Eyestorm, London, United Kingdom

Faces: Portfolio by Gavin Turk

Gavin Turk Biography

Guildford, UK, 1967

The chameleonic Gavin Turk made his public debut with a statement of finality. His MA show at London's Royal College of Art consisted of one work, Cave, an English Heritage-style blue plaque commemorating his occupancy. The plaque read 'Borough of Kensington, Gavin Turk, Sculptor, Worked Here 1989-1991' and was set into the wall above an otherwise empty interior. He was denied his degree certificate (his tutors couldn't understand the work), but had successfully launched a critique of authorship, 'genius', and the history of the European avant-garde that he is still pursuing almost a decade later.

In the early 90s Turk made a series of paintings based on both his own signature and those of other artists. With Stain he recalled Italian sculptor Alberto Giacometti's habit of signing tablecloths as a form of payment for restaurant meals, while Piero Manzoni featured both Turk's name and that of the Italian conceptualist in a deliberately confounding double bluff. In 1993 he staged 'Collected Works 1989-1993', an exhibition that included the ironic- iconic Pop: a life-size waxwork sculpture of the artist as Sid Vicious aping the pose of Andy Warhol's painting of Elvis playing a cowboy. This extraordinarily deep layering of references is typical of Turk's approach to the problematic issue of artistic originality and status. By adopting something of the glamour attached to celebrities, he calls both his and our own position as participants in 'culture' into question.

At the Hayward Gallery's exhibition 'Material Culture' in 1998, Turk exhibited a builder's skip painted glossy black and titled Pimp. What initially appeared to be a found object, or Marcel Duchamp-like readymade, was in fact built to order, and hence a pastiche of minimalist sculpture and perfect symbol of the artist-as-recycler.

Also in 1998 Turk held a mini-retrospective at the South London Gallery, which he titled 'The Stuff Show'. At the private view he played on the considerable speculation about its content by wrapping everything up in unbleached canvas and string. Even in this prankish and subversive act, Turk referred to an artistic precedent - the 'wrapped' works of American sculptor Christo.

When eventually unveiled, the works in the show were seen to include Bum, a life-size waxwork model of the artist as a homeless person. Turk had turned up dressed in a similar way to the glamorous opening party of 'Sensation' at the Royal Academy of Arts the year before. Just as he draws visual parallels between himself and celebrities from the artworld and beyond, Turk is also interested in exploring our perception of, and relationship with, less privileged members of society. With Bum he achieves this by putting himself, or at least a representation of himself, in their shoes. This discomfiting piece played on the audience's squeamishness; while they flocked to the aura of glamour that emanated from Turk's Elvis, here was someone that most Londoners would normally go out of their way to avoid - yet these feelings of discomfort had to be confronted if they wanted to have a good look at the artwork.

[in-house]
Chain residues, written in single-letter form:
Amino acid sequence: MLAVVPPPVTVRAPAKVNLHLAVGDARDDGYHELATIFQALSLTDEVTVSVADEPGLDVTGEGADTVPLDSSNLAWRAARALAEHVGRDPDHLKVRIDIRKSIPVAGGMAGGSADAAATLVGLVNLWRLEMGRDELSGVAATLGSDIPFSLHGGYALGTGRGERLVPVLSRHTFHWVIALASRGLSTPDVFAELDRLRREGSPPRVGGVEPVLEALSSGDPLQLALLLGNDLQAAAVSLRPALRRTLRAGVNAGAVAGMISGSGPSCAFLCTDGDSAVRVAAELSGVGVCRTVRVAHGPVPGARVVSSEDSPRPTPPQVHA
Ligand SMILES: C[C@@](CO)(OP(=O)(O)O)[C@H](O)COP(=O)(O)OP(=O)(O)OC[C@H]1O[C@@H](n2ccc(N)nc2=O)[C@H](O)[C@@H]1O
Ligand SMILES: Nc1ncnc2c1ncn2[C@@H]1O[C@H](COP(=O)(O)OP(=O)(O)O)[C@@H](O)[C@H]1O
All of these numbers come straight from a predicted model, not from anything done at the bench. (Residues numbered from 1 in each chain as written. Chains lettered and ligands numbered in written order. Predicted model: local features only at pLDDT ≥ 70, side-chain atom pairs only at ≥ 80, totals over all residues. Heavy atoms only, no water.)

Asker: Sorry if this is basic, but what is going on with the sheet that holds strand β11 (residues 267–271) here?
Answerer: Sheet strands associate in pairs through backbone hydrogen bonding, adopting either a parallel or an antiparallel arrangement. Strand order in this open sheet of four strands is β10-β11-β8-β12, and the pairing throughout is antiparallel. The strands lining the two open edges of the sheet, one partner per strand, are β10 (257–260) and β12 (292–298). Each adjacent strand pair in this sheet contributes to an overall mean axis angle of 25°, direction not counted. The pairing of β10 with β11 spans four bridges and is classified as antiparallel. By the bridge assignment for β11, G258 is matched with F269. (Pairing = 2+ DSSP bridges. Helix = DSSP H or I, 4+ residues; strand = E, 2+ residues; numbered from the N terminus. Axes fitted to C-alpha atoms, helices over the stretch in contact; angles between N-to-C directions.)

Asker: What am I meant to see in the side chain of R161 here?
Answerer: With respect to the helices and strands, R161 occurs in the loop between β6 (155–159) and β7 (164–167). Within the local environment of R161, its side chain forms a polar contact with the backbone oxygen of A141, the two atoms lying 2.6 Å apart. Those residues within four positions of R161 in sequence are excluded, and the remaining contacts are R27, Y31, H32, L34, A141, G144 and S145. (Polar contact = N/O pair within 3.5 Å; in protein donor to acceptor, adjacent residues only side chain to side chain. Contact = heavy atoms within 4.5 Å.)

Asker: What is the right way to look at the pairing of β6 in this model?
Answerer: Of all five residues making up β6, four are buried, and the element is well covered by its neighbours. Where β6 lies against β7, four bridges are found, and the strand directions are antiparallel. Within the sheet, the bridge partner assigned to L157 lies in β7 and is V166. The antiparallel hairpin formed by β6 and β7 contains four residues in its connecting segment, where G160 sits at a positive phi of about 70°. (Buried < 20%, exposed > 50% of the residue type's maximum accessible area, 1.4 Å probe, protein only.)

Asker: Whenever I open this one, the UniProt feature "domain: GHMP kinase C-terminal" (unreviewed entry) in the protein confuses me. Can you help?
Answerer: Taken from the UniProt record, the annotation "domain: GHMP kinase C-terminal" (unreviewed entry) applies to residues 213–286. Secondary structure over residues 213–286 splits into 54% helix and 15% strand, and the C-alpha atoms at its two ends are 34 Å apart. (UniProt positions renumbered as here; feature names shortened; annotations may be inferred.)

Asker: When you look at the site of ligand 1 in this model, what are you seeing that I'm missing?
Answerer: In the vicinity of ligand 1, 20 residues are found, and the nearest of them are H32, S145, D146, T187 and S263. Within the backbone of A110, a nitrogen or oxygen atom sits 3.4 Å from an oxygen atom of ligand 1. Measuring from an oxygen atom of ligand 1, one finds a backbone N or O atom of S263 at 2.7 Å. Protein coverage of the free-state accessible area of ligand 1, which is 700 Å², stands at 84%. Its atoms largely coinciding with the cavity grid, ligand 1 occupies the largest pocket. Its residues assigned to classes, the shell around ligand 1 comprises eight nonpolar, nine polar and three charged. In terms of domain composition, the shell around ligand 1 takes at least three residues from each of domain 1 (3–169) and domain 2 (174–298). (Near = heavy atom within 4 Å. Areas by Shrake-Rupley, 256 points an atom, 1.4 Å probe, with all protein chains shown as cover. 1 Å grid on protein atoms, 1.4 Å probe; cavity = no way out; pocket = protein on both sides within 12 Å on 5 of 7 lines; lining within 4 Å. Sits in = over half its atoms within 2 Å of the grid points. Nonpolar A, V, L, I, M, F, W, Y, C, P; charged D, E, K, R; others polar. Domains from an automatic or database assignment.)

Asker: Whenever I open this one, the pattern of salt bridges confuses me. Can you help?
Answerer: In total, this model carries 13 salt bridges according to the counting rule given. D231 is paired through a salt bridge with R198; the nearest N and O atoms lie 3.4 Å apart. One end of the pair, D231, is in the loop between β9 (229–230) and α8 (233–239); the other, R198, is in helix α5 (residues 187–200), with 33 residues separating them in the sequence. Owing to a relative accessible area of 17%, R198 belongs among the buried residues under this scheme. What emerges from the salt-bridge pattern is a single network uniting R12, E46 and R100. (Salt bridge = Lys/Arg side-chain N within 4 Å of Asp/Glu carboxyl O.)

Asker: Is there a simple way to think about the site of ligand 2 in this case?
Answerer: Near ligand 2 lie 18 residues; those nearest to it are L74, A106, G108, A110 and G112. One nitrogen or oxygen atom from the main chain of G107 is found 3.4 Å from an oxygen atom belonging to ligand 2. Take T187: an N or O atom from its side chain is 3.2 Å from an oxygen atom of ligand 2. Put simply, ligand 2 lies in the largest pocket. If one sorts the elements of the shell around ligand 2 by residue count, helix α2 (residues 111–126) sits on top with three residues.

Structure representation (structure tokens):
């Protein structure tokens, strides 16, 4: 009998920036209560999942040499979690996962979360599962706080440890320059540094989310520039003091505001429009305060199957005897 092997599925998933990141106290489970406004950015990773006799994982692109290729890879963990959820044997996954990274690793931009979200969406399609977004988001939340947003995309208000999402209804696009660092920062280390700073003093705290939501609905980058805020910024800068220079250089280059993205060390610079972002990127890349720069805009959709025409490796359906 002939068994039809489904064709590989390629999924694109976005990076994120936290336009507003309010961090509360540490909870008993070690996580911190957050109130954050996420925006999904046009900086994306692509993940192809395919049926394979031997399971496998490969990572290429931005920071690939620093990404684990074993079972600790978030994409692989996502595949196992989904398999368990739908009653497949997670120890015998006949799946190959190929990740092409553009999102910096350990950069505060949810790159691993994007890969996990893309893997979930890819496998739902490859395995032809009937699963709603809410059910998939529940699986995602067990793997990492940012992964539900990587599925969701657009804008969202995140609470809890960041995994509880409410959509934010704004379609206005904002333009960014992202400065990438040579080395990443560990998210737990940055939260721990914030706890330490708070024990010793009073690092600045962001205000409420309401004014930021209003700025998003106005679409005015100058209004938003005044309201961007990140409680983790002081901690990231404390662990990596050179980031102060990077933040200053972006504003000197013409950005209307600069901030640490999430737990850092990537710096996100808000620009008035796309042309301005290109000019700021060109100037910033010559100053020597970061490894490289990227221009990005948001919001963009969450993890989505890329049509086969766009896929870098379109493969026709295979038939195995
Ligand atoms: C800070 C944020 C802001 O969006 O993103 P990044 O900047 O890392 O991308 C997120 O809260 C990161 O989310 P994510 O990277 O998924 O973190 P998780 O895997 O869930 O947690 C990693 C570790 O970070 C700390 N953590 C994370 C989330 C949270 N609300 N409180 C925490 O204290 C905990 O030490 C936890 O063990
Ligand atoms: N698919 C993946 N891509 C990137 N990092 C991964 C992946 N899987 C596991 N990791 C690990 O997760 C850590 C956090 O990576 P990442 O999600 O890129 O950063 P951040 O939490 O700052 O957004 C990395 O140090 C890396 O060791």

Turk displayed another waxwork of himself in 2000, this time in the guise of revolutionary leader Che Guevara. His contribution to 'Ant Noises' at the Saatchi Gallery was based on a famous poster image of Guevara, enlarged to billboard size. In early 2001 Turk engaged in a more ambitious tribute: an extended performance in which he 'became' the rebel for a period of days. In this case, as in much of his work, the artists' own identity grows paradoxically stronger as it is apparently surrendered to others. The climax of the game recedes endlessly into the future just as its origin is lost in the past.


'The Che Guevara Story', Residence in the East End of London, 2001

'More Stuff', Centre d'Art Contemporain, Geneva, Switzerland, 2000

'The Stuff Show', South London Gallery, London, 1998

'Collected Works 1989-1993', Jay Jopling, Denmark Street, London, 1993

'Signature', Bipasha Ghosh/Jay Jopling, London, 1992


'Century City', Tate Modern, London, 2001

'Out There', White Cube 2, London, 2000

'Ant Noises', Saatchi Gallery, London, 2000

'Sensation: Young British Artists from the Saatchi Collection', Royal Academy of Arts,

London; Hamburger Bahnhof, Berlin, Germany; Brooklyn Museum of Art, New York, USA, 1997

'Young British Arts III', Saatchi Collection, London, 1995

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